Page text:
A man holds a large candle at the entrance to Eskom's Megawatt Park in Johannesburg. File picture: Chris Collingridge
JOHANNESBURG - Eskom has assured Parliament there will be no load-shedding and its application for a confined tender to procure emergency coal has been approved by the National Treasury.

Eskom this week admitted that seven of its power stations were experiencing low levels of coal stockpiles. These include Hendrina, Komati, Majuba, Kriel, Arnot and Camden. As a result of the coal coal shortages, Eskom was diverting coal from other power stations to the under-serviced power stations. 

Acting group executive for transmission Willie Majola said the application for confined coal procurement had taken longer than Eskom wanted, but Treasury had given the green light and the tenders had undergone Eskom processes.

“Some of those contracts have started delivery, but some have to sort out black economic empowerment certificates,” said Majola. He did not name the companies that would supply coal. 

Coal was now moved around the power stations so that it would be at the right levels. Majola said Eskom would move coal in Mpumalanga with more trucks on the road.
He said the power utility had found itself  with capex constraints because it had prioritised the build programmes in Medupi and Kusile.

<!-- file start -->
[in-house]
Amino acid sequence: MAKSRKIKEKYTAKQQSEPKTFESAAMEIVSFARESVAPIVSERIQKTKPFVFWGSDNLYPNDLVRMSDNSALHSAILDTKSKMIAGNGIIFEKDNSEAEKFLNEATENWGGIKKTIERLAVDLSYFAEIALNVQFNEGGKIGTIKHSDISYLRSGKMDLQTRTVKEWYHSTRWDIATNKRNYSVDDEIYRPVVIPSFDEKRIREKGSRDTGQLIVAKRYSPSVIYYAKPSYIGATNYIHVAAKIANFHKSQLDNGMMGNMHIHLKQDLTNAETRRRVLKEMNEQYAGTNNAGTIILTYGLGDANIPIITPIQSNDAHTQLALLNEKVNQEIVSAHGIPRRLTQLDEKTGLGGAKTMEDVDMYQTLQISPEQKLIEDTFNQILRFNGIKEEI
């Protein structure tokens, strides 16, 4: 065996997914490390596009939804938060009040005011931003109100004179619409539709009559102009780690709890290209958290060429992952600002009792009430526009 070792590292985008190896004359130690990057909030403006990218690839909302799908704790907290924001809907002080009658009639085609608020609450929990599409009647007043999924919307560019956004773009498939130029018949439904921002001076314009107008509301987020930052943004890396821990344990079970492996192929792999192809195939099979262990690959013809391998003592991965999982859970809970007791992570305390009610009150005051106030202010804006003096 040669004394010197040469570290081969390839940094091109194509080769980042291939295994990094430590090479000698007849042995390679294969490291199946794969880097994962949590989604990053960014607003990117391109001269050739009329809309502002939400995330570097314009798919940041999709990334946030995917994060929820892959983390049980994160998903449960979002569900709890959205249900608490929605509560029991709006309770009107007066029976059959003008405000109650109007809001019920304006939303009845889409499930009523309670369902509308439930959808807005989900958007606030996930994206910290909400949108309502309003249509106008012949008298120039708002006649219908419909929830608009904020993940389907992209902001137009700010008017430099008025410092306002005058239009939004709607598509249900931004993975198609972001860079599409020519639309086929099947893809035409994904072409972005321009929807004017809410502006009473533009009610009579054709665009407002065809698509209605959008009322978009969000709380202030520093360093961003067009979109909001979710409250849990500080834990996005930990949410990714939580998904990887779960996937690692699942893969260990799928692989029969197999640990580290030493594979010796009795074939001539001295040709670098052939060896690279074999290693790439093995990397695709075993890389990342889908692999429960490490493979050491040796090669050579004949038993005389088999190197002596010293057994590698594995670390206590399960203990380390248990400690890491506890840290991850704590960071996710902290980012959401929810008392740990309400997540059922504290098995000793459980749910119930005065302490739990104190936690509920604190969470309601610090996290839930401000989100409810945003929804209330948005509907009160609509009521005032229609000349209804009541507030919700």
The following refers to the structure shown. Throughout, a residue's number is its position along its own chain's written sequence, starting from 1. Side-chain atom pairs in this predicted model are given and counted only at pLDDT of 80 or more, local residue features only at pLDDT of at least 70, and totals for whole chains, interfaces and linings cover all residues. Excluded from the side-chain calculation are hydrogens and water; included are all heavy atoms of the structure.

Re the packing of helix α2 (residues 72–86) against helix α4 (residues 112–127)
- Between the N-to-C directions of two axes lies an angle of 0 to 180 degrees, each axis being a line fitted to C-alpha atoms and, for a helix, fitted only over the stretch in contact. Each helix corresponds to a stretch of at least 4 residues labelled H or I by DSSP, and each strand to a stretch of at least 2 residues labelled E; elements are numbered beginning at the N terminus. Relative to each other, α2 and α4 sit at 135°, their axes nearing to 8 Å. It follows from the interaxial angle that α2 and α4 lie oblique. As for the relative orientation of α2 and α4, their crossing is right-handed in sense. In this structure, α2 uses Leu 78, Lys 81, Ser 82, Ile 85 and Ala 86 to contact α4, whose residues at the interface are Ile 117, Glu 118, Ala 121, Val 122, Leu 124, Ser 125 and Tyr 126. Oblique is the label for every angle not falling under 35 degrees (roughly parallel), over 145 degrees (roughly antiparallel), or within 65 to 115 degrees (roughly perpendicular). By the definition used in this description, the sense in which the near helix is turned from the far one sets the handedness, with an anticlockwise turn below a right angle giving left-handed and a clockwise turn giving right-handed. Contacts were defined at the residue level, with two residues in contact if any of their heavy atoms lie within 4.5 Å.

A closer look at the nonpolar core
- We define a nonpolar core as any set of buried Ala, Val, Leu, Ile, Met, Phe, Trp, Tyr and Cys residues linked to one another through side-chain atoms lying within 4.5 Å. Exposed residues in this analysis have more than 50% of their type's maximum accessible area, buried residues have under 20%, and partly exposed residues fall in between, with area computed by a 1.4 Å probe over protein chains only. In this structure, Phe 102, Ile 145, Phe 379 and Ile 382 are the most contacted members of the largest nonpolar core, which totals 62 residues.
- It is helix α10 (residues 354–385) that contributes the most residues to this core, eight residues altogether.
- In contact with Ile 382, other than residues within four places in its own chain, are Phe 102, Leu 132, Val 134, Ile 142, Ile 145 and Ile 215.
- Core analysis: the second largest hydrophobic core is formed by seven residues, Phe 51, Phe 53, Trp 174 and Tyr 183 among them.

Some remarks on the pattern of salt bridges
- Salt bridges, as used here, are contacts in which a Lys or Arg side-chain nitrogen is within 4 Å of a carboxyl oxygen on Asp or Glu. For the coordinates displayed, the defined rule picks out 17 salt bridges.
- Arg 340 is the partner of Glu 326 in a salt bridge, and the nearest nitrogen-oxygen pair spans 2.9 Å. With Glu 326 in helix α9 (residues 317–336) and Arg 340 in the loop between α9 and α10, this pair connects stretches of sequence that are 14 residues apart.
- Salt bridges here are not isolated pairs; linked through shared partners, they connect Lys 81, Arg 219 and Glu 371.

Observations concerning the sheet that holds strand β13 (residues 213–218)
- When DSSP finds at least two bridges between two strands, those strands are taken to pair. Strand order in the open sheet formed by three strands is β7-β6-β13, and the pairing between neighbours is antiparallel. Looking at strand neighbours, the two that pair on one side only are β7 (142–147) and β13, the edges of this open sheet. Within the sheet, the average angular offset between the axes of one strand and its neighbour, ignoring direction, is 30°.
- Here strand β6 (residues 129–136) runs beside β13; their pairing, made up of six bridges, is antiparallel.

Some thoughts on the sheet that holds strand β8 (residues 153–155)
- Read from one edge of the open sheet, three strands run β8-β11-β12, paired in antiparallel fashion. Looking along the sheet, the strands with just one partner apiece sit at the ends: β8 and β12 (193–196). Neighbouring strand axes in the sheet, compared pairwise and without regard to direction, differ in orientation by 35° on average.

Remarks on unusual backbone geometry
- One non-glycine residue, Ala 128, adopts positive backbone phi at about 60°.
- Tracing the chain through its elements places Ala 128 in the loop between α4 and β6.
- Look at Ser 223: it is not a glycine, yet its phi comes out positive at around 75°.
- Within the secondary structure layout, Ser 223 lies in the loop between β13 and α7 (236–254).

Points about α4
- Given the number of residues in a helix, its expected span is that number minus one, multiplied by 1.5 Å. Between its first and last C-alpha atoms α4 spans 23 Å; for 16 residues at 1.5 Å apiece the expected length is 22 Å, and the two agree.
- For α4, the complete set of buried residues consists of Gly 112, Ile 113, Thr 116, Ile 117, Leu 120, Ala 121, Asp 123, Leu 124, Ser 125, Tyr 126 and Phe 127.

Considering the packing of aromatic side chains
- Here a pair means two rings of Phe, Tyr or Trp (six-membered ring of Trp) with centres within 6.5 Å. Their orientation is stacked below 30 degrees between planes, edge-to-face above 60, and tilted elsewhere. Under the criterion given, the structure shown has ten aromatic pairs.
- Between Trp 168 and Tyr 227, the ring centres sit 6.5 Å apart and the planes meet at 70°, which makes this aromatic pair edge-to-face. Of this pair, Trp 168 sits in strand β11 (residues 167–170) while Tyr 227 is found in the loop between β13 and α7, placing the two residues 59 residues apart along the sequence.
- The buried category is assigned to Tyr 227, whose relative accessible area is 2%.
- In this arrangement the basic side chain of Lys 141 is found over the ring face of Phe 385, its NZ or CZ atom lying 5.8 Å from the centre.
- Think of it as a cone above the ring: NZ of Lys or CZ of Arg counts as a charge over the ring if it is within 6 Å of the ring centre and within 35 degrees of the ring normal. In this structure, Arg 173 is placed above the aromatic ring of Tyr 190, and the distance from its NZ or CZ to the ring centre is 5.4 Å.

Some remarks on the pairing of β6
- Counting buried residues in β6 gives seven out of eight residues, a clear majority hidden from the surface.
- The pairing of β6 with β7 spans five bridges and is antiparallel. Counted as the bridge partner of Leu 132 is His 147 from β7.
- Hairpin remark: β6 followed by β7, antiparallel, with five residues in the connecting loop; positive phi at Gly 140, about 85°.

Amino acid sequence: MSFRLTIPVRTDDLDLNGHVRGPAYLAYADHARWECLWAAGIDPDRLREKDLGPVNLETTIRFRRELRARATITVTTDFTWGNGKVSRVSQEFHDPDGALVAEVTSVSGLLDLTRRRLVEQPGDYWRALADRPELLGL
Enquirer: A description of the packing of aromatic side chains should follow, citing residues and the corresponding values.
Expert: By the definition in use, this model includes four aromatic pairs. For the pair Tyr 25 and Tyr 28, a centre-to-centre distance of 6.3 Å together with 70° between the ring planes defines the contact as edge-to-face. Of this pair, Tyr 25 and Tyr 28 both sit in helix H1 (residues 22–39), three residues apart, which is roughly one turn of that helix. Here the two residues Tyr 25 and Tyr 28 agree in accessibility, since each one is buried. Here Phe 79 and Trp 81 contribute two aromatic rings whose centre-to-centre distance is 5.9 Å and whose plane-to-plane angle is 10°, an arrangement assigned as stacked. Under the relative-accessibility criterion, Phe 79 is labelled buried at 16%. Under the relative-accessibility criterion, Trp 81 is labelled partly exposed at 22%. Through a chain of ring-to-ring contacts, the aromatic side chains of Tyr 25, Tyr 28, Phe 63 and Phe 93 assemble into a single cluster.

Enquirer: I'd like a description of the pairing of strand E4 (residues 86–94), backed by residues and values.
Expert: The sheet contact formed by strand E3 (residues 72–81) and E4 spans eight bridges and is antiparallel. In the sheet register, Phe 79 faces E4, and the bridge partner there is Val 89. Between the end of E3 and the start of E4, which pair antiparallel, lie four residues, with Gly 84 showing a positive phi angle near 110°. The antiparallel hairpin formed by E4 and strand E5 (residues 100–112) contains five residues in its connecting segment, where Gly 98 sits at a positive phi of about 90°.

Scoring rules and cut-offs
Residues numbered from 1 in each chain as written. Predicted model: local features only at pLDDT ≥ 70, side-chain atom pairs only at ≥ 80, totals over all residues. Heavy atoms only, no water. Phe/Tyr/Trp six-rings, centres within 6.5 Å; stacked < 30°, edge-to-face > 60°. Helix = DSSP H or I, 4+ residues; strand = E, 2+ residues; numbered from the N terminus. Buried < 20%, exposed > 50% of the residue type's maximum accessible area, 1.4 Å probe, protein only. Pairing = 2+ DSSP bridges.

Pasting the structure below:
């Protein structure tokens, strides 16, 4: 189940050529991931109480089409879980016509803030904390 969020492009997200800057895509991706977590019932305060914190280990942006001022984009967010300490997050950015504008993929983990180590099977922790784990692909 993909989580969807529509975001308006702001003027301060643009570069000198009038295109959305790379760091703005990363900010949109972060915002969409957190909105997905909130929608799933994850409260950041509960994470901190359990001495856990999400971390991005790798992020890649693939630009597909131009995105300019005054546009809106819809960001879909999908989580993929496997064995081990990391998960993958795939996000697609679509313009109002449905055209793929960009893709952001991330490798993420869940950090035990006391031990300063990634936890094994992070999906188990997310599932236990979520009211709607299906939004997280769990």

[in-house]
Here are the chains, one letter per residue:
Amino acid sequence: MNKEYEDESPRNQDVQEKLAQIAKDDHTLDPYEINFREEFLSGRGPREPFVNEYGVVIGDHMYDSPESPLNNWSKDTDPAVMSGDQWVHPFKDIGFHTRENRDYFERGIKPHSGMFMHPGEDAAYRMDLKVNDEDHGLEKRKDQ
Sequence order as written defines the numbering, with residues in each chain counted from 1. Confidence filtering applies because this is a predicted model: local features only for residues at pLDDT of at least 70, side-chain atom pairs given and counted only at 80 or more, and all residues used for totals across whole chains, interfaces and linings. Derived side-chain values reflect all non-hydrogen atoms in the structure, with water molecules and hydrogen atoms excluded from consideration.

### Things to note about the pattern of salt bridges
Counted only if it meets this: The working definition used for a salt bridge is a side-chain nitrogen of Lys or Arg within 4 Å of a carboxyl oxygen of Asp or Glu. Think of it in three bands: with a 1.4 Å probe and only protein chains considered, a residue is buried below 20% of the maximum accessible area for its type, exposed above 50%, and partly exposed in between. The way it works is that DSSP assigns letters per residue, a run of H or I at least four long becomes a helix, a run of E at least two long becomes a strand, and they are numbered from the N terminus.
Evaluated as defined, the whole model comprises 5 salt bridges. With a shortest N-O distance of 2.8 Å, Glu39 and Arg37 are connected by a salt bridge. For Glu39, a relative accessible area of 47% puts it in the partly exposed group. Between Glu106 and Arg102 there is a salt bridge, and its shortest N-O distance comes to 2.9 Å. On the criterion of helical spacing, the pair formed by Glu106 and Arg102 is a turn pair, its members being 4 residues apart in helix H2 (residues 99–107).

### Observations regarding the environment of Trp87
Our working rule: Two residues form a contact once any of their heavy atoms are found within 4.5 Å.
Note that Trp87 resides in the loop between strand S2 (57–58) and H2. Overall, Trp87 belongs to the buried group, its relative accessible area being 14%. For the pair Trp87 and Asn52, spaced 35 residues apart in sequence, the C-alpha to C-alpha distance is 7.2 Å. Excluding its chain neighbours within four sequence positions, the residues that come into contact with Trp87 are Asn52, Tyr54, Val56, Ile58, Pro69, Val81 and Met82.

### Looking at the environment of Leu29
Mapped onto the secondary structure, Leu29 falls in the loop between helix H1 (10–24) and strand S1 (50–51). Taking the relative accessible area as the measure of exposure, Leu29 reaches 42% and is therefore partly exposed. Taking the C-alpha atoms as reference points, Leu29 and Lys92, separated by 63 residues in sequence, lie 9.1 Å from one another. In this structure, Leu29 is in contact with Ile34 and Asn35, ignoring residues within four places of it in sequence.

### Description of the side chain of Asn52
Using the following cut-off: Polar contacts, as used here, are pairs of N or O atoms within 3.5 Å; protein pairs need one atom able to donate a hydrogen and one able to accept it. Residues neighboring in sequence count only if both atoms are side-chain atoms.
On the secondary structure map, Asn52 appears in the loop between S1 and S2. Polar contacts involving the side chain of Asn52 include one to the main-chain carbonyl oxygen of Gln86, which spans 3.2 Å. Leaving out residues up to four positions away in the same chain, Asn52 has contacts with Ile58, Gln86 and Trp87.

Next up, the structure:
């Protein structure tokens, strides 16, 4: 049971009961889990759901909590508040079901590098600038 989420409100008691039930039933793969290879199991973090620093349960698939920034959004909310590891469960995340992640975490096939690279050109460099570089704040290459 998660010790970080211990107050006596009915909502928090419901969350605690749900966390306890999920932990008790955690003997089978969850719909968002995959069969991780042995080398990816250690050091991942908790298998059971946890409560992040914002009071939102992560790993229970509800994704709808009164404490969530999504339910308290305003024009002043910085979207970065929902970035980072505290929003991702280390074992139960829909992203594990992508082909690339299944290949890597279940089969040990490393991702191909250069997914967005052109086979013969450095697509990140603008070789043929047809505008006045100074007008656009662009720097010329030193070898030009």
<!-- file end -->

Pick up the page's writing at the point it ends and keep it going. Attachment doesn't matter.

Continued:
“And because of the capex constraints, we did not invest enough on the cost plus mines. The situation is made worse by Tegeta Exploration and Resources because it is going into business rescue and it is supplying three stations,” said Majola.

“Realising the situation of the cost-plus mines we approached National Treasury for a confined procurement,” he said.

Majola said Tegeta was supplying Hendrina, Komati and Majuba. 

Eskom also revealed that Tegeta was given a prepayment of R7 million last September, but the coal was not delivered. This was meant to be 37 kilo tons for the Hendrina power station. Eskom said it was taking action against employees involved.

Majola said the Tegeta prepayment was discovered recently.

“They were paid R7m for coal that was not delivered. The payment that was done was not in line with Eskom policy and suspensions have taken place. There is forensic investigation,” said Majola. 

Despite repeated calls for assurances from MPs, the power utility said there was no need to press panic buttons and there would be sufficient coal supply for winter.

Group Executive for Generation Thava Govender said it would be disingenious of him to say there would be no load-shedding.

However, load-shedding was caused by various factors.

“What I can give comfort to members of Parliament is that we don’t have load-shedding. Some of the comfort I can give to members is that in winter you don’t have load-shedding. I can give assurance that every person employed at Eskom will ensure we don’t get to that stage (of load-shedding),” said Govender.